The Worst Words You Can Tell a Horse Owner (Besides Colic of Course!)

So, we had some excitement this weekend, and I don’t mean the good kind!  Considering the time change yesterday, I woke up rather early, earlier than normal since I’m a pretty early riser to begin with.  I decided to get on the computer for a little while, since no one else was up yet, and played on Facebook and did a couple other things.  Then I decided that since it was still rather brisk outside, it would be the perfect time to go for a walk.  I went and changed clothes and picked my phone up, because if I’m going to walk by myself at that time of day, I want to have some form of communication.

I checked my phone to see what time it was and noticed that I had a missed call and voicemail from the gentleman where I’m keeping the horses.  

“Hey Sammy?  Yeah, the barn is on fire, I think the horses are okay but I don’t really know where they are.  Gotta go, someone’s at the door!”

Okay, first off, for those of you who aren’t familiar with horses, I don’t want to say that they are dumb creatures, because my kiddos have proven that statement to be false on a number of occasions, but when it comes to fire, they don’t really know what to do.  I guess if you look at it from their perspective, it makes sense.  Young children don’t understand what fire is, they just know that something’s not right, and usually understand that it’s something that can hurt them.  With horses, I’ve heard stories of them panicking to the point where they will actually run straight into the fire, just because they are trying to figure out how to make it go away.  May not sound like the most logically reasoning to us, but horses just want whatever is putting pressure on them to go away.  This is no news to us, in fact, a lot of horse training methods are based around a “pressure and release” type method.

Anyways, the words “barn fire” strike fear in the hearts of horse owners, just as I’m sure it would anyone else had they heard a loved one’s house is on fire.  So I hopped in my truck and frantically drove to the barn.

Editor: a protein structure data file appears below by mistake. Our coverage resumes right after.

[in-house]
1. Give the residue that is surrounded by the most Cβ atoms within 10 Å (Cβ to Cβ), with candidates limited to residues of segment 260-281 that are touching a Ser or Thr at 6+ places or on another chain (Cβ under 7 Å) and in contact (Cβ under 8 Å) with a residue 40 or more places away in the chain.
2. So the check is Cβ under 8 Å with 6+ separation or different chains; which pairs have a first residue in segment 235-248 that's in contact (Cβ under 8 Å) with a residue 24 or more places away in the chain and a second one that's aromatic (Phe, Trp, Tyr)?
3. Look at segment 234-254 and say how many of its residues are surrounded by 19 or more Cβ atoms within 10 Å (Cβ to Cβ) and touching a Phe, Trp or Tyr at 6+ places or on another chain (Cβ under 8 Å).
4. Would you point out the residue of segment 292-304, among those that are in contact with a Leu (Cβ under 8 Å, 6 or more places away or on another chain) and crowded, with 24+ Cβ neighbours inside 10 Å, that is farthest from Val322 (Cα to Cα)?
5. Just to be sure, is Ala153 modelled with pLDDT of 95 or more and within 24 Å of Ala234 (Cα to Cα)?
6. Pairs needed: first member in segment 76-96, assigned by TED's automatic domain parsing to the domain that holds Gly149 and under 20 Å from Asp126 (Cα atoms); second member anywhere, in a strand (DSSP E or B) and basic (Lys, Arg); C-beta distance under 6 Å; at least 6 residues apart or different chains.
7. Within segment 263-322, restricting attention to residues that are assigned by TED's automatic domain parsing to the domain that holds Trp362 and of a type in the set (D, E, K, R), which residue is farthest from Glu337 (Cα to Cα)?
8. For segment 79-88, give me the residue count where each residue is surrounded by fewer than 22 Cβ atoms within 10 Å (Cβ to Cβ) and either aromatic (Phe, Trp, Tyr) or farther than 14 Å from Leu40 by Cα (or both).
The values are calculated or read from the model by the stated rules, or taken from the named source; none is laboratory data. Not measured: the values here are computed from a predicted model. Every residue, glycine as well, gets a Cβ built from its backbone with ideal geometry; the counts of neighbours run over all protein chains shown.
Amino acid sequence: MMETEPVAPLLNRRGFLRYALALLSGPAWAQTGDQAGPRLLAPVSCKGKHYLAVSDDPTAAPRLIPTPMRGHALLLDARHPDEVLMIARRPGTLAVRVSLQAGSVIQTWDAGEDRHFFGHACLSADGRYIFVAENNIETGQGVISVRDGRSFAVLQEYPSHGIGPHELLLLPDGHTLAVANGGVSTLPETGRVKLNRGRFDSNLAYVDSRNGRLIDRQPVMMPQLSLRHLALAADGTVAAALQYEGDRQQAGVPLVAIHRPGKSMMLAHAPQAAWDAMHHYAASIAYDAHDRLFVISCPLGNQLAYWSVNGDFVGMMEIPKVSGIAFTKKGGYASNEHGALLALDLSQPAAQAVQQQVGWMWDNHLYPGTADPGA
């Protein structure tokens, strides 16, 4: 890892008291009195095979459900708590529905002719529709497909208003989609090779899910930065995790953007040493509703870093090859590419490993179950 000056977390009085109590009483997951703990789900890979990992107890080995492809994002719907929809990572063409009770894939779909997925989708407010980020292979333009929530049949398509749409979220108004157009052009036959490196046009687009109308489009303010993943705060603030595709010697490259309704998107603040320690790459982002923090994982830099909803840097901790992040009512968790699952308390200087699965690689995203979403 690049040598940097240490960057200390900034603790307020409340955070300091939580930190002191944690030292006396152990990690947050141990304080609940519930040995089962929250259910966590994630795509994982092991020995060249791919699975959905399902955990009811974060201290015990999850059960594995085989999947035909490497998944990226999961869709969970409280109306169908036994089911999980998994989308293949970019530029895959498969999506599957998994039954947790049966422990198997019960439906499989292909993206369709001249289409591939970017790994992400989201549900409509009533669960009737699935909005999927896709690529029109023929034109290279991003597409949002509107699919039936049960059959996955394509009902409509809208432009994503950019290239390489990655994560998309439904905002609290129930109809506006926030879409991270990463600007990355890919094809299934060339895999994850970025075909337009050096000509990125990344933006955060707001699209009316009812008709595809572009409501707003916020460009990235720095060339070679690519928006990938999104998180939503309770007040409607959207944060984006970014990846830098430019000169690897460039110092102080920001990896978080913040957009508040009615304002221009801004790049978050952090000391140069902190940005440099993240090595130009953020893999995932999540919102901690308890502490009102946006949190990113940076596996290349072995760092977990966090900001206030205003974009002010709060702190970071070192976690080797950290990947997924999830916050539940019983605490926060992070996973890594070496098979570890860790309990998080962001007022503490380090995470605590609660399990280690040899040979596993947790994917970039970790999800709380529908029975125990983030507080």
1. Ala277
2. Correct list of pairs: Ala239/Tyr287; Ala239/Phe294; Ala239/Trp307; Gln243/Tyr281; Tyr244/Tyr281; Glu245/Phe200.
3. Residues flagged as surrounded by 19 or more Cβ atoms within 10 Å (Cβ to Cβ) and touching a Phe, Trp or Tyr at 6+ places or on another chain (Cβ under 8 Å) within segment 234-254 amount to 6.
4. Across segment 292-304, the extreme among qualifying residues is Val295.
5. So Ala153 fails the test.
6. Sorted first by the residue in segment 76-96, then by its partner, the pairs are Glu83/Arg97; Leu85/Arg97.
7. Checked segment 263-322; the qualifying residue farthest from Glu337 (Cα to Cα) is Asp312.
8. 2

When I got there, there were about three firetrucks and I saw this:

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Heartbreaking, just knowing what was there before.  My heart sunk even lower when I realized the horses were nowhere in sight.  Luckily, one of the fireman, obviously seeing the despair on my face, came up to me and said, “Yeah, when we got here, I didn’t see horses anywhere, I was scared that they were in there, but after we got in I saw three of them, they took off that way”

Since there’s just three horses in the barn, my two and the property owner’s, I instantly went from terror into rescue mode.  I walked down the street, saw that the people who lived there had caught their horse, and looked up just in time to see Stetson and Cheyenne fleeing down the road in a panicked frenzy.  Cheyenne, I love her to death, but she still has that mustang sprit, and when she finds freedom, she is a royal pain to catch! Long story short, after about an hour, and making up for that walk that I missed out on, they finally trapped themselves in a yard that was fenced all the way around, I was able to come in after them, close the gate, and catch both of them.

Anyways, the point is…all of the horses are fine, they were still a little skiddish when I left, but I’m hoping the psychological effects won’t last long.  They are visiting a neighbor horse down the street, whose dad was so kind as to offer his pasture until we can get the clean up process finished and make the pasture horse safe again!  It’s going to take awhile, but it could always be worse, what is really scary, and you can see this in some of the pictures, there were several LARGE propane tanks located near the barn, thankfully those didn’t ignite, otherwise, I would be telling a MUCH sadder story today!